The tentative plan is for Walmsley and Andrews to start off together with pacers. The course starts in Folsom, and the first 20 miles are net downhill going into the city of Sacramento, where the runners then run five loops. Andrews then indicated he would likely go ahead of Walmsley and see if he can first target the 50-mile world best of 4:50:51 held by ultra legend Bruce Fordyce (the 5o-mile is an American record distance, with Barney Klecker‘s 4:51:25 being the oldest record on the books, but the IAAF only recognizes a “world best” and not a world record). Andrews admittedly said he has no idea what will happen once he ventures beyond 50k. To get the 50-mile American record however, he would have to finish the full 100k since the actual race is at 100k.

In discussing the records, it was clear Walmsley is a student of ultramarathoning and has been studying some of the greats before him. Andrews did not know who held the 50-mile world record, but immediately Walmsley jumped in and said it was Fordyce, who actually sent the runners texts of encouragement.

The Carbon X shoe

Walmsley said he has been reading some of the books on Fordyce and his mantra for the race is “Caution,” which is a term Fordyce liked. Nonetheless, while Walmsley may claim he likes to think about “caution” and how anything can happen in an ultra, he loves to set big goals. He bragged of smashing the Western States record prior to ever running Western States (and ended up running off-course at 92 miles while on record pace in his first attempt). And thus, the sub-6-hour goal is out there for Saturday even though Walmsley knows with road ultras there are a ton of questions marks.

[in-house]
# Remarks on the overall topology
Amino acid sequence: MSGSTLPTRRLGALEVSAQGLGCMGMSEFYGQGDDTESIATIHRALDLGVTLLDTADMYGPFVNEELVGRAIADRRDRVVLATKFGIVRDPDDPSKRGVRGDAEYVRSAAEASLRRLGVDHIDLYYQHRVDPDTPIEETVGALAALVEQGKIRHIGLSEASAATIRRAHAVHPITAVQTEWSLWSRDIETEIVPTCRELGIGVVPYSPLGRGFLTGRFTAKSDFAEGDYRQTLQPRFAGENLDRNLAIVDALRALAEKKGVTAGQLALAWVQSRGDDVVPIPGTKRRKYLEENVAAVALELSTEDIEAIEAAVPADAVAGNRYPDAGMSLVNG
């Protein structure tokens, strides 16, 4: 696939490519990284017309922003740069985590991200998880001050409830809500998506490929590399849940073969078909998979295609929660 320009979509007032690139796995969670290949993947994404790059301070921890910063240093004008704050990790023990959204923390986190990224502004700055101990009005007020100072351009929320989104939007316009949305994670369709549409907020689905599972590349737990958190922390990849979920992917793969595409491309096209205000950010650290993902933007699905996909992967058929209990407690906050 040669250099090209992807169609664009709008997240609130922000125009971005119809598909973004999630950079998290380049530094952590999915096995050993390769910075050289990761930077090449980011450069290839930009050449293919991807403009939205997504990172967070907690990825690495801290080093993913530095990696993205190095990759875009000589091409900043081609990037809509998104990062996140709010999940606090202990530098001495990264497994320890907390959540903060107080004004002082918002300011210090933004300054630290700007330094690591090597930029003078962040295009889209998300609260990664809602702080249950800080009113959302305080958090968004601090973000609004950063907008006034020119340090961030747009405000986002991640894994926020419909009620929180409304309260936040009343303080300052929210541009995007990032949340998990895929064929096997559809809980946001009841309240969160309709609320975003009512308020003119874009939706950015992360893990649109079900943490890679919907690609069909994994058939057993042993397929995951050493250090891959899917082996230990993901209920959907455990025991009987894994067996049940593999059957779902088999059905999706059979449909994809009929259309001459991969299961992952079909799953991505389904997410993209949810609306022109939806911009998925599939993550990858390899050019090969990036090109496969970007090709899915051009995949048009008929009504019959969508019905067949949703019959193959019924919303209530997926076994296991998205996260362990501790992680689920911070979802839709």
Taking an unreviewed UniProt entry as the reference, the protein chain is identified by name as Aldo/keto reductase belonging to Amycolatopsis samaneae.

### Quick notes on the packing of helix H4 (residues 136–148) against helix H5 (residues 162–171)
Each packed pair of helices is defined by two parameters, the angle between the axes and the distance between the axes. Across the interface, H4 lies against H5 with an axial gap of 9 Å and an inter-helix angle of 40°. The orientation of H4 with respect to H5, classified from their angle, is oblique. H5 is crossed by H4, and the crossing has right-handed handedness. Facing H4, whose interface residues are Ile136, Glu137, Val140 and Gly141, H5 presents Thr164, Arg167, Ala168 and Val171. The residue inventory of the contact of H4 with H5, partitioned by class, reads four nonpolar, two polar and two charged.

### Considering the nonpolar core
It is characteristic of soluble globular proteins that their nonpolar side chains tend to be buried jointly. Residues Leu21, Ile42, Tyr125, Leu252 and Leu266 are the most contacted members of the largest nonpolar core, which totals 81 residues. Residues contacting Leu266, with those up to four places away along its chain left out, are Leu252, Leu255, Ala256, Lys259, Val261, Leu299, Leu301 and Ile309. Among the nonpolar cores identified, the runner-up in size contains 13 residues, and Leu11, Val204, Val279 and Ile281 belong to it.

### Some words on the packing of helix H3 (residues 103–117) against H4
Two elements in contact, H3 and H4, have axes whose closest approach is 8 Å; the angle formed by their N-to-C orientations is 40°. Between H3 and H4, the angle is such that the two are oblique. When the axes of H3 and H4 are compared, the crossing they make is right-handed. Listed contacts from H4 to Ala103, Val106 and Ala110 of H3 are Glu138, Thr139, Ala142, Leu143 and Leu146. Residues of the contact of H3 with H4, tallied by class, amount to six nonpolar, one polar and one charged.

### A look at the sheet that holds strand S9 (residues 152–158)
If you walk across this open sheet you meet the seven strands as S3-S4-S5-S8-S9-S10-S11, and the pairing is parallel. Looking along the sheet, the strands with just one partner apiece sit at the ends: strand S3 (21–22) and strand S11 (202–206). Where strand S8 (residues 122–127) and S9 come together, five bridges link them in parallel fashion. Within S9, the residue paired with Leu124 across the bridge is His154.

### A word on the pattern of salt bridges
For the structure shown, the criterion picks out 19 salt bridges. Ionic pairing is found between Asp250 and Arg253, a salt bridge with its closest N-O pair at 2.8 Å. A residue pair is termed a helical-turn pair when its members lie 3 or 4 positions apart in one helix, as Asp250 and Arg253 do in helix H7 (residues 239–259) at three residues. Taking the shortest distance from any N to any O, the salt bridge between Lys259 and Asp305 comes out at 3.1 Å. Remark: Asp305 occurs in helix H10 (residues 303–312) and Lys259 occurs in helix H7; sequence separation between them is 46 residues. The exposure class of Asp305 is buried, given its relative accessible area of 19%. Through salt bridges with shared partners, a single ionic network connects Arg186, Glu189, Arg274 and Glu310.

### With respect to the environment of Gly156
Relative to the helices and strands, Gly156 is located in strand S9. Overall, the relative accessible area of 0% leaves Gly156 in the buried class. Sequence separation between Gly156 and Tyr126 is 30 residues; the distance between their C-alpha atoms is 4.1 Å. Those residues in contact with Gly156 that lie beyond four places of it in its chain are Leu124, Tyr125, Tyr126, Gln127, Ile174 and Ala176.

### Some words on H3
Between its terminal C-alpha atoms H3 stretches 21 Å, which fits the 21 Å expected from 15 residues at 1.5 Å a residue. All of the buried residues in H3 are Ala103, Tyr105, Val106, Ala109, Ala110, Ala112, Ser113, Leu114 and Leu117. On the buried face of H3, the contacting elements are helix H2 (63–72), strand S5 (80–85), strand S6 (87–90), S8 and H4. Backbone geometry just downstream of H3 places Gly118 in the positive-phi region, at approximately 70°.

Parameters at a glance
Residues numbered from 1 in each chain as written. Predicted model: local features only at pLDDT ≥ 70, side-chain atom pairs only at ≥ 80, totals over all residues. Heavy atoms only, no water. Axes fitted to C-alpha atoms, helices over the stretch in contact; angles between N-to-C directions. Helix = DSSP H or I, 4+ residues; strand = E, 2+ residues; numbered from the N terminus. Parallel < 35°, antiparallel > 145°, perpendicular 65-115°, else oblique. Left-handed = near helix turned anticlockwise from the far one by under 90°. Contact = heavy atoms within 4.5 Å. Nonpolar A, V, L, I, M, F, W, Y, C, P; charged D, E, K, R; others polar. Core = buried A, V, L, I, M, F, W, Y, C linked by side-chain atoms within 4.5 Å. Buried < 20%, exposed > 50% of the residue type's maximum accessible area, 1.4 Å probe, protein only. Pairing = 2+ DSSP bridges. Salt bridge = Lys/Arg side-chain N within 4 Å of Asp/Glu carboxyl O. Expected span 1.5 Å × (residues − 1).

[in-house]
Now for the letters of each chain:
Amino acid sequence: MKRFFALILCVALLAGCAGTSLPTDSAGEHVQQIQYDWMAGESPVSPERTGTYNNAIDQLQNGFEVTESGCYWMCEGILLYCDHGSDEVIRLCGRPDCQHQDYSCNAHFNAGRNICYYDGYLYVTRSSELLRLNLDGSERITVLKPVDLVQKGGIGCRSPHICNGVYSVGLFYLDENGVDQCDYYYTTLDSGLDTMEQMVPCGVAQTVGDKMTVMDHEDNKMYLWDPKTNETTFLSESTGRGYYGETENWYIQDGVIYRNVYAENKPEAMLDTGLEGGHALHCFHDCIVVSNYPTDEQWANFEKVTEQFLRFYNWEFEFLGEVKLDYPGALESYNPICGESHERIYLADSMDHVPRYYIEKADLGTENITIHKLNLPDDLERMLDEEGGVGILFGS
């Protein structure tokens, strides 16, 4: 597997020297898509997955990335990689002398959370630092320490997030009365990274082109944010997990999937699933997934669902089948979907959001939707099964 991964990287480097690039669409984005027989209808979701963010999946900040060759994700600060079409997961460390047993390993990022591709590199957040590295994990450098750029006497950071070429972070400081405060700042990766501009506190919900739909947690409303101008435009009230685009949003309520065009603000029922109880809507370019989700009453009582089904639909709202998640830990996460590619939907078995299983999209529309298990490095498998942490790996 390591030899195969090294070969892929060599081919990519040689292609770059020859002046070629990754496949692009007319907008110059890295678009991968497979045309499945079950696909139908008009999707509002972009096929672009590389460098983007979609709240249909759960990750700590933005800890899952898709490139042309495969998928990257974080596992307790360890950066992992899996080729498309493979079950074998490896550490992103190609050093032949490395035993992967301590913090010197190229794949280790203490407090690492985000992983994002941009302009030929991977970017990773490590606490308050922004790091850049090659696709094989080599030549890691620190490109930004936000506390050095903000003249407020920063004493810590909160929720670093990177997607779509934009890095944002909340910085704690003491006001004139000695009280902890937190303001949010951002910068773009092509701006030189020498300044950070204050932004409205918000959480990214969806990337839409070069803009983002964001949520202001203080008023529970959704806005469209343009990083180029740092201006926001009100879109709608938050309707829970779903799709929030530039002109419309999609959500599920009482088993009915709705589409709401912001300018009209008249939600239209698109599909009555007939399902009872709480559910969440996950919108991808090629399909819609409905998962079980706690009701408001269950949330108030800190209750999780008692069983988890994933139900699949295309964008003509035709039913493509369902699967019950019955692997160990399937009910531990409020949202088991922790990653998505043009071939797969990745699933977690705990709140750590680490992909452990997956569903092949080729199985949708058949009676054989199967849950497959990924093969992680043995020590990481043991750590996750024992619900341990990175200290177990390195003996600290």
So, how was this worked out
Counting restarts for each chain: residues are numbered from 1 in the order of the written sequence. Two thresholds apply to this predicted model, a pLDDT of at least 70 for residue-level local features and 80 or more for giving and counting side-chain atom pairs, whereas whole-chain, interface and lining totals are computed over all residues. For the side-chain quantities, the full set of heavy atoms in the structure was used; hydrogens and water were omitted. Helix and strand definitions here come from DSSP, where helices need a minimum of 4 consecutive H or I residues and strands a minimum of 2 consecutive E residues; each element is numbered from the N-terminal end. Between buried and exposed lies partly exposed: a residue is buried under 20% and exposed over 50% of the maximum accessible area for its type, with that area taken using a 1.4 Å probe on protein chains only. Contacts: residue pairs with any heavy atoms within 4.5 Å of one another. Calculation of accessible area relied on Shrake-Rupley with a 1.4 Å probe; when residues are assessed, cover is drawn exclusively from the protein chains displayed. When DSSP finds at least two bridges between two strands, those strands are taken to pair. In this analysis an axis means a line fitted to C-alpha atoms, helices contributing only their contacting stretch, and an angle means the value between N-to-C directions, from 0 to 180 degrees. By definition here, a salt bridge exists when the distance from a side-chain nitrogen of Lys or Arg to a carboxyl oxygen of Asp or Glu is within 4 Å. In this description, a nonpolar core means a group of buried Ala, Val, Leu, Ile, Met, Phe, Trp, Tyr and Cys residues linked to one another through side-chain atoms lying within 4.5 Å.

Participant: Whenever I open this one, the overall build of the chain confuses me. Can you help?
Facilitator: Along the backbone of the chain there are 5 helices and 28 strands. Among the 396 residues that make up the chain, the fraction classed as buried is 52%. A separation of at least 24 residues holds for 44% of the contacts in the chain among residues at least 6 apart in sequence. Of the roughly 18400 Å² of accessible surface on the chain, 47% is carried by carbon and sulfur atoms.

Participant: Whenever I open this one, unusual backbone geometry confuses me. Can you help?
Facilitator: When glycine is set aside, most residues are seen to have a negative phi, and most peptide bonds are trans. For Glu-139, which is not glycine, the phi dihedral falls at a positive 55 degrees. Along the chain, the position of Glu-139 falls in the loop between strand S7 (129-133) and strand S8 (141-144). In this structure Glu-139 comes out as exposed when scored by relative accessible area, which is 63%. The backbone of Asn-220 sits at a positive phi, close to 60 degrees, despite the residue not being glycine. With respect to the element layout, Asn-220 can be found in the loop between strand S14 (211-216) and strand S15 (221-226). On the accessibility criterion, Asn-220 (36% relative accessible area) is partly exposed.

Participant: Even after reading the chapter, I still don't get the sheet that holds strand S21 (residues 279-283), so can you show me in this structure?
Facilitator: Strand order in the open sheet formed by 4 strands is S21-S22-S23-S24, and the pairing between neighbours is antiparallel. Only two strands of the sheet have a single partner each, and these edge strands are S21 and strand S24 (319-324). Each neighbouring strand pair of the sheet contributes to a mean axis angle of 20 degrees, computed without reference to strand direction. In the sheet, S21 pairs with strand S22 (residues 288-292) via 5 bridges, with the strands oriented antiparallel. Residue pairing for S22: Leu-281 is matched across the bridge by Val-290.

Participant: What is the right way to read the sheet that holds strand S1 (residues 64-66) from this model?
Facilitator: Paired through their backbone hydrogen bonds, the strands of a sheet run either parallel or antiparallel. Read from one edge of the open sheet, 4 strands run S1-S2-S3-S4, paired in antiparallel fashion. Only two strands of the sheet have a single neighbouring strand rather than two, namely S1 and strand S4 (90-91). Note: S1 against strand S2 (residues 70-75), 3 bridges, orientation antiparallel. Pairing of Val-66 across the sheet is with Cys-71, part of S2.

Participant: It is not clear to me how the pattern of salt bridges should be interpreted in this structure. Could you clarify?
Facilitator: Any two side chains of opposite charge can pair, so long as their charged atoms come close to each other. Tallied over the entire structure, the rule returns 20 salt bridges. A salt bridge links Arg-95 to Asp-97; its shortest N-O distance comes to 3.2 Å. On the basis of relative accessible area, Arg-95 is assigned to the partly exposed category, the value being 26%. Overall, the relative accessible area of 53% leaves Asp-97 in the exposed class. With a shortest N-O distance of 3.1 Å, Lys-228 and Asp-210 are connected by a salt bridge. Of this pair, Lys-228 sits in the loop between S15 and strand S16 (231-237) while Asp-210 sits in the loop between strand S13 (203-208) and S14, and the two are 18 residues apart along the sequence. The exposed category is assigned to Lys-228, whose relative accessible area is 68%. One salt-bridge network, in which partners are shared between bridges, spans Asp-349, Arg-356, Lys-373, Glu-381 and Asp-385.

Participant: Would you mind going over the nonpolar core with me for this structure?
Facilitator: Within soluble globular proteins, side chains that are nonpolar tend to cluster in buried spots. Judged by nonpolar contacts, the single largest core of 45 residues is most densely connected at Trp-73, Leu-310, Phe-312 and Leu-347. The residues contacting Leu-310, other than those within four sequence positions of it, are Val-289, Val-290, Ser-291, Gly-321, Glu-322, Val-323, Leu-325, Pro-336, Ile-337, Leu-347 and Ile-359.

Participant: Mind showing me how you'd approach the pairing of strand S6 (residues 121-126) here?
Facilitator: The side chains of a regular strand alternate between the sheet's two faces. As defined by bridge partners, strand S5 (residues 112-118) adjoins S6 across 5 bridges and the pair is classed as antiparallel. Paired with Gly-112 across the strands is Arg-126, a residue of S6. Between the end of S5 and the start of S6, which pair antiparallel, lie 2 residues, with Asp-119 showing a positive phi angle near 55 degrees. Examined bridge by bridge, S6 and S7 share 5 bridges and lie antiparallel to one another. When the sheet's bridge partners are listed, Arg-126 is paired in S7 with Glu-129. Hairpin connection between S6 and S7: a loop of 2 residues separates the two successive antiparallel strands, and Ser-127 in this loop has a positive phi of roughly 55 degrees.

Walmsley has only run one 100k road ultra in his life, at the 2015 World Championships, where he went out in the lead at 3:05:20 at halfway before fading miserably in the second half and finishing in 28th place in 7:05:19. He said he has more experience and is a different runner since then. However, he said the big unknown in all long road ultras is a) how your legs will respond to the pounding on the pavement, (as running 62 miles on the pavement is not something you do in training) and b) figuring out what pace you should be running on the day. It’s not an exact science.